Women-Run Presses, Burns Night, and More


Every day Poets & Writers Magazine scans the headlines—from publishing reports to academic announcements to literary dispatches—for all the news that creative writers need to know. Here are today's stories:

A spokesperson for Oxford Dictionaries has agreed to review its example sentences “to ensure they reflect current usage on an ongoing basis,” after the dictionary was accused of using sexist examples for certain words. Anthropologist Michael Oman-Reagan alerted Oxford University Press—the dictionary’s publisher—of the example of “rabid,” as in “rabid feminist,” and noted other sexist examples, including “shrill” as in “the rising shrill of women’s voices,” and “psyche” as in “I will never really fathom the female psyche.” (Guardian)

Meanwhile, VIDA: Women in Literary Arts provides a list of women-run presses and literary magazines throughout the United States. Kate Angus, who compiled the list, says she hopes the list will be a “useful resource for women writers looking for places to submit their work just as much as for people who want to support presses and journals run by women.”

“I’m interested in the way in which one ‘reality’ can compromise another. I go for intense ambiguity, where you just don’t know what the stable ground is.” At Bookforum, fiction writer Brian Evenson discusses his latest short story collection, A Collapse of Horses, how he scares his readers, and how his stories don’t rely on one version of reality, often intensifying the work’s creepy effects.

Riverhead Books—an imprint of Penguin that publishes best-selling literary fiction and nonfiction—has unveiled a new colophon. Riverhead art director Helen Yentus designed the new logo, a mark she says “reflects the fiercely contemporary, hugely varied voices from all over the world that we help bring to readers each year.” Riverhead has published works by award-winning authors including Junot Diaz, Lauren Groff, Marlon James, and Paula Hawkins. (Paste)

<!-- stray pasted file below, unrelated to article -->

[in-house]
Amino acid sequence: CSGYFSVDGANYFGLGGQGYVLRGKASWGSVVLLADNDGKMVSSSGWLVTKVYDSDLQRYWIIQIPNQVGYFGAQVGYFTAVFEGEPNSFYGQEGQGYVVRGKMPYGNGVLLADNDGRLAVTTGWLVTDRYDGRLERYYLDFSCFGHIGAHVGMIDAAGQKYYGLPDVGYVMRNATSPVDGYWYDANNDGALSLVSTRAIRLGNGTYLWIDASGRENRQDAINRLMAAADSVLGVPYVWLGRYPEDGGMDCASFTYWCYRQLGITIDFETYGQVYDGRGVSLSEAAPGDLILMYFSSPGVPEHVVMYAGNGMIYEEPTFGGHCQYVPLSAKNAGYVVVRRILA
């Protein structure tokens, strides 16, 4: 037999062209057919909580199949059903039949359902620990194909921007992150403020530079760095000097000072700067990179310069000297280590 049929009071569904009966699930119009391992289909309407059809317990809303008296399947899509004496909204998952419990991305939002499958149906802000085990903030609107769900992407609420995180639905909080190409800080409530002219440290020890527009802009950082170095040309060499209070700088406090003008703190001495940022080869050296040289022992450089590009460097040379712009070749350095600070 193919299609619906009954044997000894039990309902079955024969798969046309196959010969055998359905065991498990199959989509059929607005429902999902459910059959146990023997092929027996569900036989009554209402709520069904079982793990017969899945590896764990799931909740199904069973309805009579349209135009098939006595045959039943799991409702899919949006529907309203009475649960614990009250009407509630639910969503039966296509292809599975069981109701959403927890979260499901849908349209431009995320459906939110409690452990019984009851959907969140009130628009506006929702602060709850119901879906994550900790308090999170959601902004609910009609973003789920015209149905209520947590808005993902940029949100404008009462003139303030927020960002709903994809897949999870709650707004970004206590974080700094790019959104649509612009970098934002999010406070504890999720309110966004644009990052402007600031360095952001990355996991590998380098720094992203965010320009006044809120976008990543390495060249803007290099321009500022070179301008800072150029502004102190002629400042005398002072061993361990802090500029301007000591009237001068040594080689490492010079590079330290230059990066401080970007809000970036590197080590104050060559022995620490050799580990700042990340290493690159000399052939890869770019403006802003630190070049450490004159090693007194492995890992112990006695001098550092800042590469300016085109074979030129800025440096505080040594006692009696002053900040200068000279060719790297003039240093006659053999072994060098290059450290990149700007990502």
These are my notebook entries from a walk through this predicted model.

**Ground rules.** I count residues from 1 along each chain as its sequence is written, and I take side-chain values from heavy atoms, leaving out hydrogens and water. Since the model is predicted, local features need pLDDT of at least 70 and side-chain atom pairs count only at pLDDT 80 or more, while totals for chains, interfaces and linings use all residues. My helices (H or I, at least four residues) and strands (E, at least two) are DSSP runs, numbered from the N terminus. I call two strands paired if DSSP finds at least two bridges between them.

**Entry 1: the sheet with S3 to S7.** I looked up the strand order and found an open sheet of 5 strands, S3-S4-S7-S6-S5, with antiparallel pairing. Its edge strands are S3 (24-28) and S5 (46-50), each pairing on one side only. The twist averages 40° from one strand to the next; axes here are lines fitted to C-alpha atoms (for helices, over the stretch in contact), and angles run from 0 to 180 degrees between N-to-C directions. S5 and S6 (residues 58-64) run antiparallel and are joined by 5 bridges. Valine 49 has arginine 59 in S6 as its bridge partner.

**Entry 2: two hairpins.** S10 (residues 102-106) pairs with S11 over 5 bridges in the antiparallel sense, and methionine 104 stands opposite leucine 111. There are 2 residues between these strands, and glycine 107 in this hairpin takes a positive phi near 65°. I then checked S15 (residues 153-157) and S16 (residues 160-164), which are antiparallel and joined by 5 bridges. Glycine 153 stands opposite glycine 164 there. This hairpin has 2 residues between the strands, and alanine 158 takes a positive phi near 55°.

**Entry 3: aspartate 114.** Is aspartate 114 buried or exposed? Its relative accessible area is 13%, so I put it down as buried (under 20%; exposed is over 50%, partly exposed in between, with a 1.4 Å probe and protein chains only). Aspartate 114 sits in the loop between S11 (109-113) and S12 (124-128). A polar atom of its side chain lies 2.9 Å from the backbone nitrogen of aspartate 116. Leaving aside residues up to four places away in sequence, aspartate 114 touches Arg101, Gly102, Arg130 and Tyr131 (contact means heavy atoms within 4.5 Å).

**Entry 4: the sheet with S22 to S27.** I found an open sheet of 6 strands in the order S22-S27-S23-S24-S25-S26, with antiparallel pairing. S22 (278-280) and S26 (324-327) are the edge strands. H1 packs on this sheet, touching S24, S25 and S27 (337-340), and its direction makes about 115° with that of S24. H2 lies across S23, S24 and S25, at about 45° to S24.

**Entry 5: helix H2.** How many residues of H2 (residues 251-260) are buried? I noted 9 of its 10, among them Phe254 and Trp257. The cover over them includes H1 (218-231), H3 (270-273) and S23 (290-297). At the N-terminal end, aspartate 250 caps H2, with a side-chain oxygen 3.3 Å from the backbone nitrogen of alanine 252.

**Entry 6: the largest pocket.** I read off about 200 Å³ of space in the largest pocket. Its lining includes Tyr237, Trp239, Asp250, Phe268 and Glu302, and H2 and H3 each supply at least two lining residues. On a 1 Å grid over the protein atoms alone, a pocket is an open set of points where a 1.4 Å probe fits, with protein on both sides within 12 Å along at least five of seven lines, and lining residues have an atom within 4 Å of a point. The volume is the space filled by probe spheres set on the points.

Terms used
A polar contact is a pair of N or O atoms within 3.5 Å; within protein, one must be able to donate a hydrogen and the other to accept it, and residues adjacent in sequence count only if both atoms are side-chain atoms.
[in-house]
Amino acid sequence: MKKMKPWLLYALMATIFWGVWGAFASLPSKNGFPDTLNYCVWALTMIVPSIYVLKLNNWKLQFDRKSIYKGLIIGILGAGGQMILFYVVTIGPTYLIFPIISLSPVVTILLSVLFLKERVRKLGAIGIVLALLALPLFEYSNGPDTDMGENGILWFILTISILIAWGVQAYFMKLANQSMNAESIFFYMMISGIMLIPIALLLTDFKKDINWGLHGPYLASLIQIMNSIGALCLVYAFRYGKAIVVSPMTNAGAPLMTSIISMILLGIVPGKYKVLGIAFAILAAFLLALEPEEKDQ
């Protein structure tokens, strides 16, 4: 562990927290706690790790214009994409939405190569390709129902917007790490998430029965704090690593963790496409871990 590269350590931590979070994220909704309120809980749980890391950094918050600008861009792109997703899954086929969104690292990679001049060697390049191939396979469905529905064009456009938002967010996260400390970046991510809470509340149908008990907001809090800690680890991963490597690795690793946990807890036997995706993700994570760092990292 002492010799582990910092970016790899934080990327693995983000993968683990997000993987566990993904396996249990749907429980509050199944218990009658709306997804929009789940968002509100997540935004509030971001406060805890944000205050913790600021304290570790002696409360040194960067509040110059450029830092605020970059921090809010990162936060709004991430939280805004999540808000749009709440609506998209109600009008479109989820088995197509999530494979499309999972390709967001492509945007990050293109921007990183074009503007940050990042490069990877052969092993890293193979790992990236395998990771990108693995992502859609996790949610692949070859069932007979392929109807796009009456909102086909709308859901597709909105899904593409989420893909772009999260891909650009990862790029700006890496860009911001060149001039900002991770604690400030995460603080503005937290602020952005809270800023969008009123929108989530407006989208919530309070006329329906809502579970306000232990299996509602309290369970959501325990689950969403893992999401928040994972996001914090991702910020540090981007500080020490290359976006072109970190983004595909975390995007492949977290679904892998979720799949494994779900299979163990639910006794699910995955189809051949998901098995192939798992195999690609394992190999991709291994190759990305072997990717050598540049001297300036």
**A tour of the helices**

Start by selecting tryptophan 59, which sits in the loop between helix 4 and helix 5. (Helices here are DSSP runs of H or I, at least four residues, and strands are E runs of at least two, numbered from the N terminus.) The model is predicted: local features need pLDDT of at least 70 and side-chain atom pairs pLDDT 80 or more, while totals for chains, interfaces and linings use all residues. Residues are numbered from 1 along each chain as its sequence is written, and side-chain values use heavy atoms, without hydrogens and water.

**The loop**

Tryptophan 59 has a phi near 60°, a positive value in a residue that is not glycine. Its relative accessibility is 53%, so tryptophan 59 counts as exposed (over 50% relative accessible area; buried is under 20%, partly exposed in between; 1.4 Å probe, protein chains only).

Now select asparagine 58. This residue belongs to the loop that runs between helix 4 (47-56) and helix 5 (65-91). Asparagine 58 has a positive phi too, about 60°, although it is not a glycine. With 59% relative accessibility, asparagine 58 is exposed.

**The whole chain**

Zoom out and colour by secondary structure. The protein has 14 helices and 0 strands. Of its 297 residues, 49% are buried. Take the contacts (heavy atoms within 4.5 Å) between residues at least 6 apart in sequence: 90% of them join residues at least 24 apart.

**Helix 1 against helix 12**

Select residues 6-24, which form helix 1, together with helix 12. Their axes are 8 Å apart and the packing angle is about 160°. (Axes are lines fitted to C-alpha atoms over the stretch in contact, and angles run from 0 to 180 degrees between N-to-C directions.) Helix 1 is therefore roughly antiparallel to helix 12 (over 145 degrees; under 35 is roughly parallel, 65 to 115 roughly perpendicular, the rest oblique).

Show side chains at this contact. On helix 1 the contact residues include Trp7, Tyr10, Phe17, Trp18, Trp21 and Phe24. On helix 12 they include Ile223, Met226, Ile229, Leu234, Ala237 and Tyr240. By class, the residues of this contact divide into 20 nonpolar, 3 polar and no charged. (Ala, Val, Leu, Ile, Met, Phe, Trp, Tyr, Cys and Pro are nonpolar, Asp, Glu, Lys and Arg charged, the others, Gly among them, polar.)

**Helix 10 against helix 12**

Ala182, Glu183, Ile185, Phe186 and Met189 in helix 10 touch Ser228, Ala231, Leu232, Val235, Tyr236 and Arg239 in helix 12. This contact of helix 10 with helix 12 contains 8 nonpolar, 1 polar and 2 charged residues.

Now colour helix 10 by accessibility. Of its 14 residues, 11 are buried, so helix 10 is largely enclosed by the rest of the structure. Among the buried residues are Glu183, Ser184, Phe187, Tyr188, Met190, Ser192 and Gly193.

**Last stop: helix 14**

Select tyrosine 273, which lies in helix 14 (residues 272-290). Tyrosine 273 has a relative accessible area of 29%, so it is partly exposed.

British film director John Michael McDonagh—of the acclaimed films The Guard (2011) and Calvary (2014)—is set to adapt award-winning writer Percival Everett’s 2011 detective novel, Assumption, for film. No time frame for the project has yet been set. (Hollywood Reporter)

Today is the anniversary of Scottish poet Robert Burns’s birth, and the Burns Night tradition continues this evening. The tradition was first held in 1801, five years after Burns’s death, when friends of the poet held a traditional Scottish supper in his honor. Today, many people still hold Burns Night suppers, which typically include haggis and whiskey, and recitations of the poet’s work. (International Business Times)

Last week CNN launched a “social-first storytelling project” called Love Story, in which people call a phone number and record their love stories as a voicemail. CNN’s digital team then collects the audio and posts the stories on CNN.com, on Twitter at @hellolovestory, and on Soundcloud. (Digiday)

Book lovers, ogle with awe and envy this series of twenty-five stunning home libraries from Architectural Digest.